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Read Aloud Thursday: Because of Winn-Dixie by Kate DiCamillo


Z-Baby has been listening to the audiobook CD version of Kate DiCamillo’s award-winning book about India Opal Buloni, her smiling dog, and her preacher daddy all week long. The narration by Cherry Jones is great, with a thick Southern accent and different voices for all the characters.

Me: What made you laugh in this book? Why?

Z-baby: Well, what was kind of funny was that her dad called her by her middle name, Opal, which was her dad’s mom’s name. And it’s the same with me. I have my dad’s mom’s name for a middle name. And she called the Dewberry boys “bald-headed babies,” and that was kind of funny.

Me: Why do you think Opal wanted to know ten things about her mother? Can you tell what her mother is like from the ten things her father describes to her? Do you think that ten things can really describe a whole person?

Z-baby: Not really. If Daddy told me things about you and I had never seen you, I probably wouldn’t really know what you were like. But she probably wanted to know because most people want to know about their own mom.

Me: What else might Opal want to know about her mother? What else would you like to know?

Z-baby: She would want to know where her mom is and why did she go away. I would, too. Also, what color were her eyes? And was she a girly-girl or a tomboy? I would want to know a lot of things.

Me: Do you think you’d like to eat a Littmus Lozenge? Why or why not?

Z-baby: I don’t know. Probably, because I’d like to see what they mean by it makes them feel sad.

Me: Opal believes that life is like a Littmus Lozenge – that it’s sweet and sad all mixed up together and hard to separate out. Do you agree? Why or why not?

Z-baby: No, I don’t believe that. Life isn’t always sweet, and life isn’t always sad. And I’ve never experienced sweet and sad mixed together.

Me: At the end of the story, Opal seems to accept that her mother is not coming back. Why is this an important part of the story? What is something difficult in your life that you’ve had to accept?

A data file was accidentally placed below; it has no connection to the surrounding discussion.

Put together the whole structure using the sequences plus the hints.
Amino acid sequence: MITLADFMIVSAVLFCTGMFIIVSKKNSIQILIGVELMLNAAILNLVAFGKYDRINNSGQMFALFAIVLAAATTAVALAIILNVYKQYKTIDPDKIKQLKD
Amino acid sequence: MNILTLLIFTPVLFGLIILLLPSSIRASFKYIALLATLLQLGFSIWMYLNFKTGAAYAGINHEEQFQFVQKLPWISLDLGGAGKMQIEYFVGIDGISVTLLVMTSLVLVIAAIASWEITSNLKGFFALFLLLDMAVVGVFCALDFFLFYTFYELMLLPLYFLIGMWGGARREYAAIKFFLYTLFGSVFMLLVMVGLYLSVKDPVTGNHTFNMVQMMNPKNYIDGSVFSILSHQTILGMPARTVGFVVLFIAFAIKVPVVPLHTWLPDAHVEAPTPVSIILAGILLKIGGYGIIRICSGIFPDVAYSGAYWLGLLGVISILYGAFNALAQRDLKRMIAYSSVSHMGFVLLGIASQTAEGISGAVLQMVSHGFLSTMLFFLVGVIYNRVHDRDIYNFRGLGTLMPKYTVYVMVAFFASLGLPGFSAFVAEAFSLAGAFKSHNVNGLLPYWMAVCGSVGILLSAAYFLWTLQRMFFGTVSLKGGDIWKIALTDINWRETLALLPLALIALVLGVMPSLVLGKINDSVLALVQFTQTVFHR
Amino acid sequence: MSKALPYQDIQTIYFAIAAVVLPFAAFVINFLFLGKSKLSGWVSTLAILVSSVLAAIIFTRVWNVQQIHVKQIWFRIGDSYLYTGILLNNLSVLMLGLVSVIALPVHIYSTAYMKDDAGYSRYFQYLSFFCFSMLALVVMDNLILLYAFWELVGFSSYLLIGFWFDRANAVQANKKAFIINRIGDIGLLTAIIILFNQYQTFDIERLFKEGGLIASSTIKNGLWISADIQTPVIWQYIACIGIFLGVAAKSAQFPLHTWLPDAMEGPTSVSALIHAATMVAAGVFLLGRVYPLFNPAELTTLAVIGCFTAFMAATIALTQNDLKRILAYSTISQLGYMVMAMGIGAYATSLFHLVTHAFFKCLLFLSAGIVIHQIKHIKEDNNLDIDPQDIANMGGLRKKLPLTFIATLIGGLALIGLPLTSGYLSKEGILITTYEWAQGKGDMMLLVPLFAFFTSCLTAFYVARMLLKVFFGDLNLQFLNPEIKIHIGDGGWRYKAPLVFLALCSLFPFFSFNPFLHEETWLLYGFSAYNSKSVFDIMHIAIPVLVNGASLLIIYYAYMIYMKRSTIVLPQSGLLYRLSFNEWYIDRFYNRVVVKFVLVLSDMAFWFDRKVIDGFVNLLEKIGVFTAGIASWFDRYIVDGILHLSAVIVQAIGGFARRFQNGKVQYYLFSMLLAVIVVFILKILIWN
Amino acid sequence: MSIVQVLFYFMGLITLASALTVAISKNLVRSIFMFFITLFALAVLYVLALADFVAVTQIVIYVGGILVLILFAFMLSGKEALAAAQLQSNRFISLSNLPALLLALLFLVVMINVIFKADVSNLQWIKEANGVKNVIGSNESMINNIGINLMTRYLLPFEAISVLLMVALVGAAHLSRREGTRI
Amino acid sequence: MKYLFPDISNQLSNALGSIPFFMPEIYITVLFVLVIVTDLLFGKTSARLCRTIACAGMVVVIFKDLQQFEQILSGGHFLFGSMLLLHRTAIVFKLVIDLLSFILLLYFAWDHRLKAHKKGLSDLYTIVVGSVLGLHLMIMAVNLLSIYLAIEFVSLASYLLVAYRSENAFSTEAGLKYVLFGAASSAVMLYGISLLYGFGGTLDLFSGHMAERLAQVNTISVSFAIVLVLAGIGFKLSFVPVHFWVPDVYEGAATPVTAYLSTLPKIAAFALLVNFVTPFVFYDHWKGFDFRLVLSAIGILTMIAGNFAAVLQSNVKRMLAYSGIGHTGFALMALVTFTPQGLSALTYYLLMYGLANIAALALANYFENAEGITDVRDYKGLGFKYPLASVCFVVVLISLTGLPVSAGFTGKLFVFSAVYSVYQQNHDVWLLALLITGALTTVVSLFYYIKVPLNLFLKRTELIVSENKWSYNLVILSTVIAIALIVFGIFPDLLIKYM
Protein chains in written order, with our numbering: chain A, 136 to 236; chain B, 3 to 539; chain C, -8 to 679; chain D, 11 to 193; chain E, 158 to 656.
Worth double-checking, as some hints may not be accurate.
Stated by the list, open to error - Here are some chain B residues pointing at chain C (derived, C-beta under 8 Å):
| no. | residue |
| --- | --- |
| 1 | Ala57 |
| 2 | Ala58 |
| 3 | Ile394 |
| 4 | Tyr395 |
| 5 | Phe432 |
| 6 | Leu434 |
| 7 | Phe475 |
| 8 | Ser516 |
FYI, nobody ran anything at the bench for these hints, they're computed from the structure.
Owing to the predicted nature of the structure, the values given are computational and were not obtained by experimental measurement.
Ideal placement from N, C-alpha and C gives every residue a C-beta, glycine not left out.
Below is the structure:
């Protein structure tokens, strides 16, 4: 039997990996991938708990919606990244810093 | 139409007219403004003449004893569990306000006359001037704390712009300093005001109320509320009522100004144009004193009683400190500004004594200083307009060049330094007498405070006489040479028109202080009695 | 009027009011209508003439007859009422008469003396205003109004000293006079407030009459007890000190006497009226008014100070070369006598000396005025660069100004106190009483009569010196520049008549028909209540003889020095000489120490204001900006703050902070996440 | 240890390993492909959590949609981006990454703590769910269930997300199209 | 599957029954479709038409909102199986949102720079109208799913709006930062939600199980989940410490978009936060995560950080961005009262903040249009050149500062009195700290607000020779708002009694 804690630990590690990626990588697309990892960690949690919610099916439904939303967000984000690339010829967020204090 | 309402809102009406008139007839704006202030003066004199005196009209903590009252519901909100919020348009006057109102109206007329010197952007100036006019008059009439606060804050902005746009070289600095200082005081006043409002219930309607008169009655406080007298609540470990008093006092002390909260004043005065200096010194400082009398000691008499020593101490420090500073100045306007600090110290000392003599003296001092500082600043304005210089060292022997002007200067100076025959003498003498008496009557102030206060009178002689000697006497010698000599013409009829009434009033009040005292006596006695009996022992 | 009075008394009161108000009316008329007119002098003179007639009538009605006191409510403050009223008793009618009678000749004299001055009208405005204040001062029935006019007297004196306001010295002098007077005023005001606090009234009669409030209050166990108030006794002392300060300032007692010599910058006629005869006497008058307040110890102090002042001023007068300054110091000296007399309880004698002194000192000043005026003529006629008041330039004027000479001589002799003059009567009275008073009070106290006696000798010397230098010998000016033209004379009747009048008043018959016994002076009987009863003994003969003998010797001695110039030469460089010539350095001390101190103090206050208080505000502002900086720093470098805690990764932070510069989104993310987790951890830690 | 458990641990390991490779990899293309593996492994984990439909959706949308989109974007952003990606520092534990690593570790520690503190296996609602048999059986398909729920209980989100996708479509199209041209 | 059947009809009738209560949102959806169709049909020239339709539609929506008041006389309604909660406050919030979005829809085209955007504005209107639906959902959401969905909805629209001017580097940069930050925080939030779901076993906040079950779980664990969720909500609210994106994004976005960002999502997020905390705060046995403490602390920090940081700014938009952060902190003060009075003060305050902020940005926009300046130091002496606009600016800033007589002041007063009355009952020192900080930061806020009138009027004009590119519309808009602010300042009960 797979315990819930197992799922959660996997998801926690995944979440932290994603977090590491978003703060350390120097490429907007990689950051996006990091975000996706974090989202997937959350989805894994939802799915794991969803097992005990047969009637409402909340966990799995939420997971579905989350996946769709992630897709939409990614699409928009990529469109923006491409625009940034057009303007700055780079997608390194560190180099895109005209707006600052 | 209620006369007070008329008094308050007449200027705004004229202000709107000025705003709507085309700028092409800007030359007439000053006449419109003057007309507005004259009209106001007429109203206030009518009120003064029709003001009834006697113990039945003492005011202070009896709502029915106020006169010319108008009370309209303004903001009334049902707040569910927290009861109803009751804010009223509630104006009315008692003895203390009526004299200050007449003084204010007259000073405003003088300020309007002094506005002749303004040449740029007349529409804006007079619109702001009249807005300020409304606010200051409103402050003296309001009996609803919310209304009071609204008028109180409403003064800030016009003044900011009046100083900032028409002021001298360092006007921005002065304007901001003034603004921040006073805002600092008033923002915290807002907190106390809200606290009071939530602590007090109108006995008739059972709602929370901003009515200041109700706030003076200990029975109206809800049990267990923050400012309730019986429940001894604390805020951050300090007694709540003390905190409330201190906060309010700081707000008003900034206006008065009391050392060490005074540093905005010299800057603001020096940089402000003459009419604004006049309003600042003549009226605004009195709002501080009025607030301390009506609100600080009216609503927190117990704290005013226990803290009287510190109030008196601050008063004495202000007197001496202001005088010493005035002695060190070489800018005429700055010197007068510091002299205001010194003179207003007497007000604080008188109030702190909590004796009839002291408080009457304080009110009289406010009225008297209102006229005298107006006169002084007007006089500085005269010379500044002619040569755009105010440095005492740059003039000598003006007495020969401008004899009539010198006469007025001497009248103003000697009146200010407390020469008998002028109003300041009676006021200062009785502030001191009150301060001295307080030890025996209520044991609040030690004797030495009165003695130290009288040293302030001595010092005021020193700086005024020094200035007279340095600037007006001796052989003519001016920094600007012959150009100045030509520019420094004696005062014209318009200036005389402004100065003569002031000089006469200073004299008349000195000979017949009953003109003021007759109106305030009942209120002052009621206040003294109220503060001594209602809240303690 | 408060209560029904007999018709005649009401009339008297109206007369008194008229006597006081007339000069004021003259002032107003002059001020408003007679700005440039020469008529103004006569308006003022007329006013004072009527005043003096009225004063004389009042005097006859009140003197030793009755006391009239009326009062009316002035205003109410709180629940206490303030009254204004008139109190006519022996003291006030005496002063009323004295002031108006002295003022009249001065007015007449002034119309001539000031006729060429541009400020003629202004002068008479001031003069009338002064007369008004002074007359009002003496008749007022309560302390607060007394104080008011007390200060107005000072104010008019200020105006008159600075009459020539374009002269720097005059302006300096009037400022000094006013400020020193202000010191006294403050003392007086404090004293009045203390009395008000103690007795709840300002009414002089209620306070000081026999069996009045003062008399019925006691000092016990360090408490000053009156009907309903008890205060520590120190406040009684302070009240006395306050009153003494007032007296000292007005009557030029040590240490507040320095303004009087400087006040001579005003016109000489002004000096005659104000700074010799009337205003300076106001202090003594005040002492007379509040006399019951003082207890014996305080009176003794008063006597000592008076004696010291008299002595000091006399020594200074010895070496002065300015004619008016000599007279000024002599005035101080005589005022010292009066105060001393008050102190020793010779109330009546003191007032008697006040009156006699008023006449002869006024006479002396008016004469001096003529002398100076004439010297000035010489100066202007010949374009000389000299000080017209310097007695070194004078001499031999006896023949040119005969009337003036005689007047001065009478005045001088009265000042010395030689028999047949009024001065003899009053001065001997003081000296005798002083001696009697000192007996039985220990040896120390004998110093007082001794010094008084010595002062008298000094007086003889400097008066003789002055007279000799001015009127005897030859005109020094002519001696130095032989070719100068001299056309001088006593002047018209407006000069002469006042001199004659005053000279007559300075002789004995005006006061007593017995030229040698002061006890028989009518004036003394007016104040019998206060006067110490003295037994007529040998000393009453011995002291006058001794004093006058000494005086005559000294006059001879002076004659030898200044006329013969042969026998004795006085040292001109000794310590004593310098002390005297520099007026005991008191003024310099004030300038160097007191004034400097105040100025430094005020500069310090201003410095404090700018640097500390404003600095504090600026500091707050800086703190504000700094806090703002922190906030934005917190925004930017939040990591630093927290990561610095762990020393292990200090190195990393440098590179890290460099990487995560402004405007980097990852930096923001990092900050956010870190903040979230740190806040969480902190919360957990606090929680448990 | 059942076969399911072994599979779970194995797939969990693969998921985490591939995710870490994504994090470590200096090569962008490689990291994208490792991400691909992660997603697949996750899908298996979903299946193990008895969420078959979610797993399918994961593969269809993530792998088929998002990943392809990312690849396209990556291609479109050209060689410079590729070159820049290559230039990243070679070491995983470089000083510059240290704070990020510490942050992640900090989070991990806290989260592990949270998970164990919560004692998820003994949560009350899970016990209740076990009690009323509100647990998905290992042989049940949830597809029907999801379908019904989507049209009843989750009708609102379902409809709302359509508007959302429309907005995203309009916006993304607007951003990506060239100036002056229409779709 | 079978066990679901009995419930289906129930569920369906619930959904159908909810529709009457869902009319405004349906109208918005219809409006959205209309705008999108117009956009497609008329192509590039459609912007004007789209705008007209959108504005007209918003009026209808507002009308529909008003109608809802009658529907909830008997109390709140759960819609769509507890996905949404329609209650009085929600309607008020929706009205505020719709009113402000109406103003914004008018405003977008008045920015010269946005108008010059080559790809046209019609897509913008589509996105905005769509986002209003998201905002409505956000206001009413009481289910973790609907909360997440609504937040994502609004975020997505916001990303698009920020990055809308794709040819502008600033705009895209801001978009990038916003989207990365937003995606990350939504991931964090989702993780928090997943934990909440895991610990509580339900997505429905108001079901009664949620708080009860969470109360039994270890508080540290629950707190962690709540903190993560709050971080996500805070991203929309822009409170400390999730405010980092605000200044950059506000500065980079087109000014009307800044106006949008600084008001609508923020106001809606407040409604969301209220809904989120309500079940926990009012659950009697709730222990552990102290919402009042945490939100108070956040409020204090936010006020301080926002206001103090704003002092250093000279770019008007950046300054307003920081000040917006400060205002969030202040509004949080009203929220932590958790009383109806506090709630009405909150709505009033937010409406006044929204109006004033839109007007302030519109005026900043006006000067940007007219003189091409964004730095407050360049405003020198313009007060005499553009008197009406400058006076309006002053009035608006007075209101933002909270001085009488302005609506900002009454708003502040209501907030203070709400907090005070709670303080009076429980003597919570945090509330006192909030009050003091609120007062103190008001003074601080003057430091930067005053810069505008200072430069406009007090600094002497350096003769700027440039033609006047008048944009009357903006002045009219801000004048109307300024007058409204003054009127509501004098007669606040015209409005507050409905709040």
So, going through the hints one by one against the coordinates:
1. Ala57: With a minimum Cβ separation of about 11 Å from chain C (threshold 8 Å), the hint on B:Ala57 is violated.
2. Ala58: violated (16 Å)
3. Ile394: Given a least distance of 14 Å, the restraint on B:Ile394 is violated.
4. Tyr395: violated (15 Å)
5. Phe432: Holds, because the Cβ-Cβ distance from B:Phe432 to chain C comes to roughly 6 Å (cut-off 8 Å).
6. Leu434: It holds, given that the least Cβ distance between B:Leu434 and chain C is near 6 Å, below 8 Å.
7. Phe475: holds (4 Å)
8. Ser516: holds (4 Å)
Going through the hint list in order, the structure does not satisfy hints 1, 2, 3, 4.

Z-baby: A lot of times when somebody doesn’t have somebody and then they want that person, in the story they do get the person back. But it’s important that you listen and know that Opal’s mom isn’t coming back. Sometimes I ask my brothers or sisters to please do something for me, but they don’t. And I just have to accept that they’re not going to do it.

Me; Who was your favorite of Opal’s friends?

Z-baby: Probably Sweetie Pie Thomas. She’s five years old, and she invites Opal to her sixth birthday party. When Opal comes out of the pet store, she sees Sweetie Pie, and they talk about things.

Me: What kind of people do you think would enjoy this story?

Z-baby: The reason I listen to my audiotapes over and over again is that sometimes there’s something in it that I don’t understand the first time. But then when I listen again, I do understand. And people who like to listen to stories over and over would like this story because there’s always more interesting stuff there to hear.

Scholastic Discussion Questions for Because of Winn-Dixie.
More educational resources for Because of Winn-Dixie.
Because of Winn-Dixie Teacher’s Guide.

5 Comments

  • Carrie says:

    I LOVE how Z-baby identifies with this book on so many personal levels. What a great interview. THanks for sharing!

  • […] Family Radio Theater production. Because of Winn-Dixie by Kate DiCamillo, narrated by Cherry Jones. Read Aloud Thursday interview with Z-Baby. Betsy-Tacy by Maud Hart Lovelace, narrated by Sutton Foster. Read Aloud Thursday Interview with […]

  • I agree with Carrie–great interview! How perceptive for her to realize that listening to the audiobook repeatedly helps her understand the story better.

    I like DiCamillo’s Tiger Rising much better than Winn Dixie. It is for a slightly older audience, I think, but still, a better story.

  • This was the first of DiCamillo’s books and I really liked it. I used to live in Florida and I felt like I was there when I read the book.

    Loved the review and your daughter’s thoughts.

  • […] Because of Winn Dixie by Kate DiCamillo. The link goes to an interview with my then-eight year old daughter about her impressions of this award-winning book about India Opal Buloni, her smiling dog, and her preacher daddy. First line: “My name is India Opal Buloni, and last summer my daddy, the preacher, sent me to the store for a box of macaroni-and-cheese, some white rice, and two tomatoes and I came back with a dog.” […]

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